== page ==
California firefighters on Friday sought to take advantage of a brief lull in high winds behind fast-moving wildfires that forced the evacuation of more than 40,000 residents north of Los Angeles and another 2,000 in the state’s wine country.
With winds abating, crews worked overnight to battle a newly-started fire about 64km north of Los Angeles that was threatening 10,000 homes and businesses, the Los Angeles County Fire Department said.
Officials warned residents not to be deceived by the overnight lull, as the National Weather Service forecast a pickup in hot, dry winds by Friday morning with gusts of 45 to 55 mph (72 to 89 kph) and temperatures above 90 degrees Fahrenheit (32 degrees Celsius).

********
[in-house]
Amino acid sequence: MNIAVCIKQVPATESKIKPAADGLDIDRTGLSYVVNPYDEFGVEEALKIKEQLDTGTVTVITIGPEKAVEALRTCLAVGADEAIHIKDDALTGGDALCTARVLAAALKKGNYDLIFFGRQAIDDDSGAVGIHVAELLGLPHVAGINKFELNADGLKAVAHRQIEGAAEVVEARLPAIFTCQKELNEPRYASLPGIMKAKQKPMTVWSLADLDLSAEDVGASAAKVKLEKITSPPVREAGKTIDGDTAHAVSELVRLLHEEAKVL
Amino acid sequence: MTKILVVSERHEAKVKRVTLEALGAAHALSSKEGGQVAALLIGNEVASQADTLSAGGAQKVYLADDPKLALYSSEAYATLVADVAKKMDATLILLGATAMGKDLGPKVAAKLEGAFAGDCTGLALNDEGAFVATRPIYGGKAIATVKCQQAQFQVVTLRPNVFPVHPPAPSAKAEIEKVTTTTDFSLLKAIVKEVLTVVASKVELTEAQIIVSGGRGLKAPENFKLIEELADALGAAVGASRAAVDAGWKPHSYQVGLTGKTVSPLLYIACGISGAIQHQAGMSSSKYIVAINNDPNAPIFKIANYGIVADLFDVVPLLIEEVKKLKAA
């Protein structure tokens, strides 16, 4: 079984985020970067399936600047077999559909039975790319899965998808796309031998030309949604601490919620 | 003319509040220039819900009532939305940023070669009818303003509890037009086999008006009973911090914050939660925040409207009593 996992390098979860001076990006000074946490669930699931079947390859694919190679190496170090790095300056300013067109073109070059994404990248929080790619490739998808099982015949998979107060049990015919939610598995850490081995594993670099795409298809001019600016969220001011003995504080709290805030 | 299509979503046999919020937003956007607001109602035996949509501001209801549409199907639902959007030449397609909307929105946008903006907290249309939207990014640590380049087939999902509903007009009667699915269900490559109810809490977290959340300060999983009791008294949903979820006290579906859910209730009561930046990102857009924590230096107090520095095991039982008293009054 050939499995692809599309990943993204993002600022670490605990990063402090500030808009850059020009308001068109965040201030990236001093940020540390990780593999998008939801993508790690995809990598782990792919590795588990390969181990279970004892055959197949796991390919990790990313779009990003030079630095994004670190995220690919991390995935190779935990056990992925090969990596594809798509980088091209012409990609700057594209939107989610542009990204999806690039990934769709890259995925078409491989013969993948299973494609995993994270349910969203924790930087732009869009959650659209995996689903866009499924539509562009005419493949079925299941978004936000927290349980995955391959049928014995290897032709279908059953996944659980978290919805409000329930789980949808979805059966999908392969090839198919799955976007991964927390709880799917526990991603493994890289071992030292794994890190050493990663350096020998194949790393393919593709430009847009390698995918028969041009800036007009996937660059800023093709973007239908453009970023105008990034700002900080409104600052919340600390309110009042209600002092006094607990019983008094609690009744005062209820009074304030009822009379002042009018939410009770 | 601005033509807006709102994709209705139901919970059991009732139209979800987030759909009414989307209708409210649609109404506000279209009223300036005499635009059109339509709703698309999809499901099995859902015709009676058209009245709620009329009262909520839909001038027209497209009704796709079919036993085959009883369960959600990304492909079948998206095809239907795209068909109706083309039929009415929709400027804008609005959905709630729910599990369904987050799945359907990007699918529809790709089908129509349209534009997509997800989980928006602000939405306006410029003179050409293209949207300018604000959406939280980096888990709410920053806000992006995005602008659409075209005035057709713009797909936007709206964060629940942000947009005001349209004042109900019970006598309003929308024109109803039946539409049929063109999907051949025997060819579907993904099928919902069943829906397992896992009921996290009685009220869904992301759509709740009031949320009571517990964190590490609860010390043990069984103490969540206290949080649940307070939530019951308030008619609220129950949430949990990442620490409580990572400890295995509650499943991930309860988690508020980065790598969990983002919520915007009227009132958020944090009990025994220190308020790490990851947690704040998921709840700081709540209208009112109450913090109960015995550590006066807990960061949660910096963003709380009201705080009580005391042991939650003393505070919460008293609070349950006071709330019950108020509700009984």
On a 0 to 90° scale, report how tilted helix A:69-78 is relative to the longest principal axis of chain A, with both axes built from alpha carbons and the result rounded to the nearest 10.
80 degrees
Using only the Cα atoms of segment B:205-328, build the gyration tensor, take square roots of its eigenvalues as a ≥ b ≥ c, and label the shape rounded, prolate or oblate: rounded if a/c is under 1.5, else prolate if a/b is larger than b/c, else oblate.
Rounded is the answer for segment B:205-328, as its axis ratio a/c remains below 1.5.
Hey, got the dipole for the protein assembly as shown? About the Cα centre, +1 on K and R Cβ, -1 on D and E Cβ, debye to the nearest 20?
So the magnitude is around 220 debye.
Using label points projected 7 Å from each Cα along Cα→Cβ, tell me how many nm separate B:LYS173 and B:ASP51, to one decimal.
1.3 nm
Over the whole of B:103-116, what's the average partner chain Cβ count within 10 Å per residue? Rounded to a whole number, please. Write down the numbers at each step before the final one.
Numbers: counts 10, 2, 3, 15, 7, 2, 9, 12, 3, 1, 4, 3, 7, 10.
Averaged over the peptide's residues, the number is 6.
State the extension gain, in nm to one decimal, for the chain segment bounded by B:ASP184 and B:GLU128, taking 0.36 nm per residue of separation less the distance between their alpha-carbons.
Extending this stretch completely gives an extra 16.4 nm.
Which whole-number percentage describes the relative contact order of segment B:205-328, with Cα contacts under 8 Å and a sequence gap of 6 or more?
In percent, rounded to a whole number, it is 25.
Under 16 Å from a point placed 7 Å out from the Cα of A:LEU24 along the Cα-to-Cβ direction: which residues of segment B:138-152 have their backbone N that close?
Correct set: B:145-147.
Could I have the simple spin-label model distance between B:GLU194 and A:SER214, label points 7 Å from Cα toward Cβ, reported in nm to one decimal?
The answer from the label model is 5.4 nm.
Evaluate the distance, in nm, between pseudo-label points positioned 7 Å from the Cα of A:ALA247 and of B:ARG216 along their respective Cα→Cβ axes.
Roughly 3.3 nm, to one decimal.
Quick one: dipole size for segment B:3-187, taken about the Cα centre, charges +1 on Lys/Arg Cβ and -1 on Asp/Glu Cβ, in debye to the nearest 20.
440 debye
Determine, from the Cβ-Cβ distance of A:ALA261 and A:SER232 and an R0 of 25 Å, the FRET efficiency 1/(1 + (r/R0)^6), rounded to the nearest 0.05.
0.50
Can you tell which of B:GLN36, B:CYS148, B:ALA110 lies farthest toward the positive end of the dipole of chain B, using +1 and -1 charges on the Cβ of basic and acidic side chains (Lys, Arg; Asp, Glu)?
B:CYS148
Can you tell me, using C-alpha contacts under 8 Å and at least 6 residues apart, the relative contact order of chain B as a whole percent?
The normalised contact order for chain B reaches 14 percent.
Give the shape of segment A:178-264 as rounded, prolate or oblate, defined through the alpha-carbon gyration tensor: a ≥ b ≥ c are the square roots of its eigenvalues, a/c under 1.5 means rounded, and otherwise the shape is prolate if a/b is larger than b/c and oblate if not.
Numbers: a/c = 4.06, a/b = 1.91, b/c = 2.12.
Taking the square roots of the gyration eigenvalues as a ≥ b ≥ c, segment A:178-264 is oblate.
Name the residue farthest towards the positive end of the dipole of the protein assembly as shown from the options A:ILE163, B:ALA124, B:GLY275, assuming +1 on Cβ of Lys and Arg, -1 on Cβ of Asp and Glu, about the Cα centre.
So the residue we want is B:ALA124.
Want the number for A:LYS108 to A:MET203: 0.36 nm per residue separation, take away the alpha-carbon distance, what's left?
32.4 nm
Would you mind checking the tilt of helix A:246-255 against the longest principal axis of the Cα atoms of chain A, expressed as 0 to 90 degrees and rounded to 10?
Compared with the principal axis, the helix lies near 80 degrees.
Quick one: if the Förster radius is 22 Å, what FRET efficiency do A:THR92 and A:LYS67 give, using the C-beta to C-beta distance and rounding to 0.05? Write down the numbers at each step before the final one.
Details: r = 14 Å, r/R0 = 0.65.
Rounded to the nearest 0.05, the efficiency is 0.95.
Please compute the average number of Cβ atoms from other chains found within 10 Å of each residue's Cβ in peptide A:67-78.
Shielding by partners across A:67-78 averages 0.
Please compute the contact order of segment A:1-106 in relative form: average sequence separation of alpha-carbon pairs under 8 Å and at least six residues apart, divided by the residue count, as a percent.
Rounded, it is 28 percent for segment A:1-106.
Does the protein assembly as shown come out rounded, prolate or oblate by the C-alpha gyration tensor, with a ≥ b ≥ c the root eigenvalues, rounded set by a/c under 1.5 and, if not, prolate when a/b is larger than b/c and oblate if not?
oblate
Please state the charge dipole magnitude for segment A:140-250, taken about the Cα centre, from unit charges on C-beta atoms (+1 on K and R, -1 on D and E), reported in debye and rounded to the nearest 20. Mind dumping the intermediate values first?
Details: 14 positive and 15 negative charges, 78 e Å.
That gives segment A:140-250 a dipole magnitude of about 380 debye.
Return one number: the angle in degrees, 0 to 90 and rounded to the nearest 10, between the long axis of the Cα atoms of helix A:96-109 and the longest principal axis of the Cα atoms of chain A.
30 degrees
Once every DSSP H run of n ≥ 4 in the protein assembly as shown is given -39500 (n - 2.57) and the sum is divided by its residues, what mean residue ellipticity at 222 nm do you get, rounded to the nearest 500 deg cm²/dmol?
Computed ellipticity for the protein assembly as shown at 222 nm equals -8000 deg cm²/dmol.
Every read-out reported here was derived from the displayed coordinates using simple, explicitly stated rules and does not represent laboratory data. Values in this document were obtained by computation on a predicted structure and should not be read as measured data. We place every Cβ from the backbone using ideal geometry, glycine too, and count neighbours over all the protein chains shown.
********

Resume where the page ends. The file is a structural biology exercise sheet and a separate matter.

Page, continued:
“Let’s not let our guard down,” said Los Angeles County Supervisor Kathryn Barger. She told a press conference 40,000 to 50,000 residents had been forced from homes by late Thursday with “numerous” structures destroyed.
California’s wildfires generally erupt in the autumn as hot, dry Santa Ana winds blow westward from the desert after a dry summer. Last year, at least 85 people died in one of the deadliest such fires, known as the Camp Fire in Butte County.
The so-called Tick Fire, which began on Thursday afternoon just outside the city of Santa Clarita, had consumed about 4,000 acres and was only 5% contained as of late Thursday, the county fire department said.